Fluent and effective communication between warfighters is imperative, to convey orders and intentions and to ensure adequate situational awareness. Members of the same unit must continually exchange information as the environment changes. As autonomous bots move onto the battlefield, we must ensure that they can participate in these complex linguistic interactions. This almost necessarily means equipping them with natural language capabilities. A soldier whose native language is English can communicate a rich range of information and intentions in English with little appreciable increase in cognitive load, even when that soldier is under high stress. We cannot ask the soldier to compromise these abilities for the sake of our bots. We must strive to bring our bots to the soldier’s level.

Consider the following exchange between firefighters in a hostile urban setting, the 1999 Worcester Cold Storage and Warehouse Fire, under high stress and time pressure due to being lost and rapidly running out of air (these firefighters lost their lives before they could be rescued):

Steve, what floor are you on?
I’m on the second floor. Come up that flight of stairs and you go through a freezer chest, and I’m in the back where another freezer chest is. That’s where you’ll find it.

The second firefighter answers the question literally asked, but then appears to give a command that is unrelated to the question. But the implicit question the first speaker asks, what linguists call the question under discussion or QUD, is how he and his team can find the second speaker. What appears to be a command by the second speaker is a set of directions that answers the QUD. Such implicit meaning is fundamental to human language use. Effective communication with autonomous bots in real-time, high-stress situations requires that bots understand not only what is literally said, but also what is intended. In short, we must move from robust sentence processing, the current state of the art, to robust utterance understanding.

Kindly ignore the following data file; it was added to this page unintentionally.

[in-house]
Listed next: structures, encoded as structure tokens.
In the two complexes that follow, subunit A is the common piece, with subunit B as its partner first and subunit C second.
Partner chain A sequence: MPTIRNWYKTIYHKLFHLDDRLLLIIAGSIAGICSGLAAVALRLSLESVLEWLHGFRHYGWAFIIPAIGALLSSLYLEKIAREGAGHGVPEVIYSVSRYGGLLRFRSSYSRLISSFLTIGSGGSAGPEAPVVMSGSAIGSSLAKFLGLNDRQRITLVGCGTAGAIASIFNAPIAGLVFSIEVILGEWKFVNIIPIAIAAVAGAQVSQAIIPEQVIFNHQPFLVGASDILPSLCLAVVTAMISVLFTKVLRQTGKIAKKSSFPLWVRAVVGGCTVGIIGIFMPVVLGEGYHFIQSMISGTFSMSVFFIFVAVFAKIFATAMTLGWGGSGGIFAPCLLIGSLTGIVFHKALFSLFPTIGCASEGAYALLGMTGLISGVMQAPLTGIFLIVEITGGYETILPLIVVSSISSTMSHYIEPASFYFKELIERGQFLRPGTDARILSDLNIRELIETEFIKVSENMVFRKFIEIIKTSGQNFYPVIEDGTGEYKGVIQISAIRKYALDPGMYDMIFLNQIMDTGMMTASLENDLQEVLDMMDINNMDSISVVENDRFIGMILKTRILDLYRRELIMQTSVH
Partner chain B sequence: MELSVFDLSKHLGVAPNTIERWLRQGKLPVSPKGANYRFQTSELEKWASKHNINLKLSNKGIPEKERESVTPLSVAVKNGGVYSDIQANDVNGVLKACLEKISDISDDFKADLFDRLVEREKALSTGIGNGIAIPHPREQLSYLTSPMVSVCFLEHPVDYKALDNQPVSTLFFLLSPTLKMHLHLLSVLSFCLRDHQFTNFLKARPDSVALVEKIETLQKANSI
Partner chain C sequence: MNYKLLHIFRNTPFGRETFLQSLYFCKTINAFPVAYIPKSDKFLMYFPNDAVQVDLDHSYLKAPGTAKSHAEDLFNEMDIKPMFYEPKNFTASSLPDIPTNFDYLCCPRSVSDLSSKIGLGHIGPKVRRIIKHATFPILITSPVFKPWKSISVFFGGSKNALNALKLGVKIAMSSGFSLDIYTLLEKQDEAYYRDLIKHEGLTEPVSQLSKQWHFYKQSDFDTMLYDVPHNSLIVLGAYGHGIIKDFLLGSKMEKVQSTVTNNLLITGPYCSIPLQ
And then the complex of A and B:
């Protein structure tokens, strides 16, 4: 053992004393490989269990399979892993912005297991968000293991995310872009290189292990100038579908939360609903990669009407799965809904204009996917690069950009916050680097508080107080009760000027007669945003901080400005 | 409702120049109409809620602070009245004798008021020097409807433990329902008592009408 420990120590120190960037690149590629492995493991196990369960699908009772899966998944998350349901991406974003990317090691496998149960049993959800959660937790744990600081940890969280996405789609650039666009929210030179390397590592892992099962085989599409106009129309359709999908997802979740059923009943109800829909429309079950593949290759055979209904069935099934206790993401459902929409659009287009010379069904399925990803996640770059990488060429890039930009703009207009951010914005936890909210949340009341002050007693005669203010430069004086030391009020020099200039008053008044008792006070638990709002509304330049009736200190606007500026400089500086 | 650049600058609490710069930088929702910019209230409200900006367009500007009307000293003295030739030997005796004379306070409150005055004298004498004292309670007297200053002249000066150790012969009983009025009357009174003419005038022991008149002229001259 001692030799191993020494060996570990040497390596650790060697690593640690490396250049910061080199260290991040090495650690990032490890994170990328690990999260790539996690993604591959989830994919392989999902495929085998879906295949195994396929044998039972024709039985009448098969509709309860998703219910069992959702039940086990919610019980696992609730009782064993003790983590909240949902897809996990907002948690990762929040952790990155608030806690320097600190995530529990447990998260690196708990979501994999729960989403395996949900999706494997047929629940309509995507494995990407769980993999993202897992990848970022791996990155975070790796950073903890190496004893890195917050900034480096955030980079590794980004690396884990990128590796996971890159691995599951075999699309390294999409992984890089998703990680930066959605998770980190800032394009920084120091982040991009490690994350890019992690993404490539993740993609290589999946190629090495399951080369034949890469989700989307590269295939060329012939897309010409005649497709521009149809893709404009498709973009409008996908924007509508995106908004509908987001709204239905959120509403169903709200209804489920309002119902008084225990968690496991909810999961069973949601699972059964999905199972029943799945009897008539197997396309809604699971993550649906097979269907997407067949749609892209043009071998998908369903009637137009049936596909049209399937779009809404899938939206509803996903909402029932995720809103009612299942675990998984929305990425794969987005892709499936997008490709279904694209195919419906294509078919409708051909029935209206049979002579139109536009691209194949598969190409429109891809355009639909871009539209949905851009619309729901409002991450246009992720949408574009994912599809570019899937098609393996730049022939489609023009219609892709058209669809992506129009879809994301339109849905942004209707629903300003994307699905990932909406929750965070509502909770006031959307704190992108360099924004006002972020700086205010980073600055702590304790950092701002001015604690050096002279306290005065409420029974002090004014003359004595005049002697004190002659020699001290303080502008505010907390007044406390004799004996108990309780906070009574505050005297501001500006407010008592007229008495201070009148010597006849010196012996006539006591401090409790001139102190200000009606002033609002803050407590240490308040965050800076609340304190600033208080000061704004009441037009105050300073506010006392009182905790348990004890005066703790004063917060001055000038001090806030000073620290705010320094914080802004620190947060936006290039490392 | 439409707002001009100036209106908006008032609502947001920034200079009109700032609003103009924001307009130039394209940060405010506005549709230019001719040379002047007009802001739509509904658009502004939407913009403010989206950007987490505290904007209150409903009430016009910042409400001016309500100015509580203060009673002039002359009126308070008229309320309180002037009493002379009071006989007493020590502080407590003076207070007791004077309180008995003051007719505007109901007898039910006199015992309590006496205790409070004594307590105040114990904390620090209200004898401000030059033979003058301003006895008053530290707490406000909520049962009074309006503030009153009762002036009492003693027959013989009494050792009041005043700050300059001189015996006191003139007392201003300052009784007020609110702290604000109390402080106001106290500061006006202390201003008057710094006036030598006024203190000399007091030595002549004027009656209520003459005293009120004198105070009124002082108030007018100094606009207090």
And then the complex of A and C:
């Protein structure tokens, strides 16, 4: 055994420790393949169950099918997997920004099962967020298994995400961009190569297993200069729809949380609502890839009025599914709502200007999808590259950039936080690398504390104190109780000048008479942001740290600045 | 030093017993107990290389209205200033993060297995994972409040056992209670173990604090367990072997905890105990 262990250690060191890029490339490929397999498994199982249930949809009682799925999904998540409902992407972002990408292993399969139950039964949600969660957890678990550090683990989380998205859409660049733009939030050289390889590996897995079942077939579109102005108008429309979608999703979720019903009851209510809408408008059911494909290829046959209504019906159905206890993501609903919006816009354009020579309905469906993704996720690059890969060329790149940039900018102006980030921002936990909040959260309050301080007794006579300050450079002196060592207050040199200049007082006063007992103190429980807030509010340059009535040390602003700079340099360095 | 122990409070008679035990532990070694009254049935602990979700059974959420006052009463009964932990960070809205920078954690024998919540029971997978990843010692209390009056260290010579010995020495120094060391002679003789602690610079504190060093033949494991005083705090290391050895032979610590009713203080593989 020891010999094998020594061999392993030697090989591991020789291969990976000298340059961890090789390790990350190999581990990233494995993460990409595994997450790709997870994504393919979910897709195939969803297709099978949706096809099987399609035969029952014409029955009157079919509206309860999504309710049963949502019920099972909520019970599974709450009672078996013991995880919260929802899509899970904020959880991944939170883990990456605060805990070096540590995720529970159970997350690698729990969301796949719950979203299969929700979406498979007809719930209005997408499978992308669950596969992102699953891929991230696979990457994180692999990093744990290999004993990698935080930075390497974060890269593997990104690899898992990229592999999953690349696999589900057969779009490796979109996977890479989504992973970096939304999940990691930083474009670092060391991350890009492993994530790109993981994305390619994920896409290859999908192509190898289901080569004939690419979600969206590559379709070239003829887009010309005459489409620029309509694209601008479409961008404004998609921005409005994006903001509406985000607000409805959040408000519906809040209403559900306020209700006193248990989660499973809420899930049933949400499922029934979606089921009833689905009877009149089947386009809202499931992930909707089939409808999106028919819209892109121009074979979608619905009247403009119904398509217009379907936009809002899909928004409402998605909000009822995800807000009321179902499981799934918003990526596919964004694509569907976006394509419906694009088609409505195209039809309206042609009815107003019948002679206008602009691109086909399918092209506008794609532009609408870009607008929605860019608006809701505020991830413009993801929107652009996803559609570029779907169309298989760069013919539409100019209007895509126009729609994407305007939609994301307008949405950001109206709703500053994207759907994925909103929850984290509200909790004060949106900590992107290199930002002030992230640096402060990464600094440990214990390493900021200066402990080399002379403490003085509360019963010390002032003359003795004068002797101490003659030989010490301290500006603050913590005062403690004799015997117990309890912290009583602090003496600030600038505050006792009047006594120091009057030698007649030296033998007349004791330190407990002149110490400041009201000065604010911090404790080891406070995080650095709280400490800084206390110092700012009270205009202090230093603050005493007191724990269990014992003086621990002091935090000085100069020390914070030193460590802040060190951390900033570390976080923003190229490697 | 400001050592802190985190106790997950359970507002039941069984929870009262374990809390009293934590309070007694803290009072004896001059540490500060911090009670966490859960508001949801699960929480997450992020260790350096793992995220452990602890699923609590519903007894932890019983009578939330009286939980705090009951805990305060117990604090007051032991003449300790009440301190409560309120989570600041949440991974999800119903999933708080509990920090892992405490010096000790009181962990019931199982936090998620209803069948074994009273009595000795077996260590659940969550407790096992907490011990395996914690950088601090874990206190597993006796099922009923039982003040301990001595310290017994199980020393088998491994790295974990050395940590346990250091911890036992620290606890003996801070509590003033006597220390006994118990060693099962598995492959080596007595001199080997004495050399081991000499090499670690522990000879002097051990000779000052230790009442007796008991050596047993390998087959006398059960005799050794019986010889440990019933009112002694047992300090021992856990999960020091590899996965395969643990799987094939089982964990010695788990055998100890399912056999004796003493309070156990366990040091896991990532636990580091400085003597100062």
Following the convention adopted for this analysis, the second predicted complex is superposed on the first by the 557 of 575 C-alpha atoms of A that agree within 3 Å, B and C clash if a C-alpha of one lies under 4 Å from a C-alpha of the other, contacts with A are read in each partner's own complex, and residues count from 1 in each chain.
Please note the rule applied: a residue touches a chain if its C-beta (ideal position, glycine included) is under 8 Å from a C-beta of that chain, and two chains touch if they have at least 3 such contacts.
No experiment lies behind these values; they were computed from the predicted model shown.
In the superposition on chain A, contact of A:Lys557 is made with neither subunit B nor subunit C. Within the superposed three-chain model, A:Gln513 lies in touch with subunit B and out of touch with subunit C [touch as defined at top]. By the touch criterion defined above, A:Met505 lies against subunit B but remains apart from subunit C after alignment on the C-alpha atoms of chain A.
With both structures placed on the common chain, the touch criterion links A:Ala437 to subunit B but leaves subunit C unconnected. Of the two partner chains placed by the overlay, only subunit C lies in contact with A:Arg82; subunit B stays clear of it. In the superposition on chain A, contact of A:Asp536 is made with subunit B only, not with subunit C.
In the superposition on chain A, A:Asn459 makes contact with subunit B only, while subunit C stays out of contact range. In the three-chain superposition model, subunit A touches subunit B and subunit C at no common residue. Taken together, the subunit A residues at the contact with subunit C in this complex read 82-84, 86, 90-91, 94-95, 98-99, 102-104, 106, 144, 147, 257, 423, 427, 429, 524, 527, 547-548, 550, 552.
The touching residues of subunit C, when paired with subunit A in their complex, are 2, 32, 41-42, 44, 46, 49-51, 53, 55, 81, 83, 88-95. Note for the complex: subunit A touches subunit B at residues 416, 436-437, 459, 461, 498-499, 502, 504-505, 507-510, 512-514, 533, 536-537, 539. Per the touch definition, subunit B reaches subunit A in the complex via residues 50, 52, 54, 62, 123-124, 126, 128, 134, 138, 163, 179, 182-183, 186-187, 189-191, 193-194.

To achieve these goals, the communication system must exploit broad context. Natural language utterances in isolation are highly ambiguous, but experiments have shown that humans are rarely aware of this fact. Ambiguities pass unnoticed because humans bring contextual information to bear on the task of utterance understanding, and this information disambiguates most (though not all) utterances. Thus, if a bot (or, for that matter, any computational system) is going to cope with the realities of human linguistic communication, it will need to be situated in its environment, pooling information from its surroundings and using that information to determine not only which sentences its interlocutor used, but also what those sentences were intended to communicate. It must also interact with its environment as a result of language use. Thus, the understanding of intentions must lead to action, and so a physically situated bot (as opposed to an agent in a purely informational universe) must be able to translate utterance-meanings into responses that begin with specific plans to move through and interact with the environment and result in signals that drive appropriate motors and activate appropriate information-gathering sensors.

Painful experience has shown that if a very rich interface language is to be habitable, i.e., easily learned and fluently used without constant reference to manuals, it must be a subset of natural language, and, if a proper subset, carefully and empirically tailored to be habitable. To date, the only way to assure this is by empirical means: the design methodology must be: (1) collect data about the usability of proposed subsets, (2) modify the design if necessary, and (3) iterate this process as necessary. Because the language design must easily evolve, there are strong practical advantages if the underlying linguistic specification incorporates formal models of language, in terms of syntactic structure, the structure of explicit meanings (semantics), and the enrichment of explicit meanings with additional implicit meaning (pragmatics). These formal models must be rich enough to allow the range of phenomena that actually occur in natural languages, yet they must allow computationally efficient, automatic analysis methods so that we can study the habitability and effectiveness of the resulting computational artifacts.

We propose to undertake fundamental research to develop a language understanding capability of the kind described above for a bot functioning in a real-world environment, focusing on the task of Urban Search and Rescue (USAR), which can be tested by civilians and yet is a subset of capabilities required by the military. The structure of this capability, and the research team we propose to bring to bear to develop it, is shown in figure 1.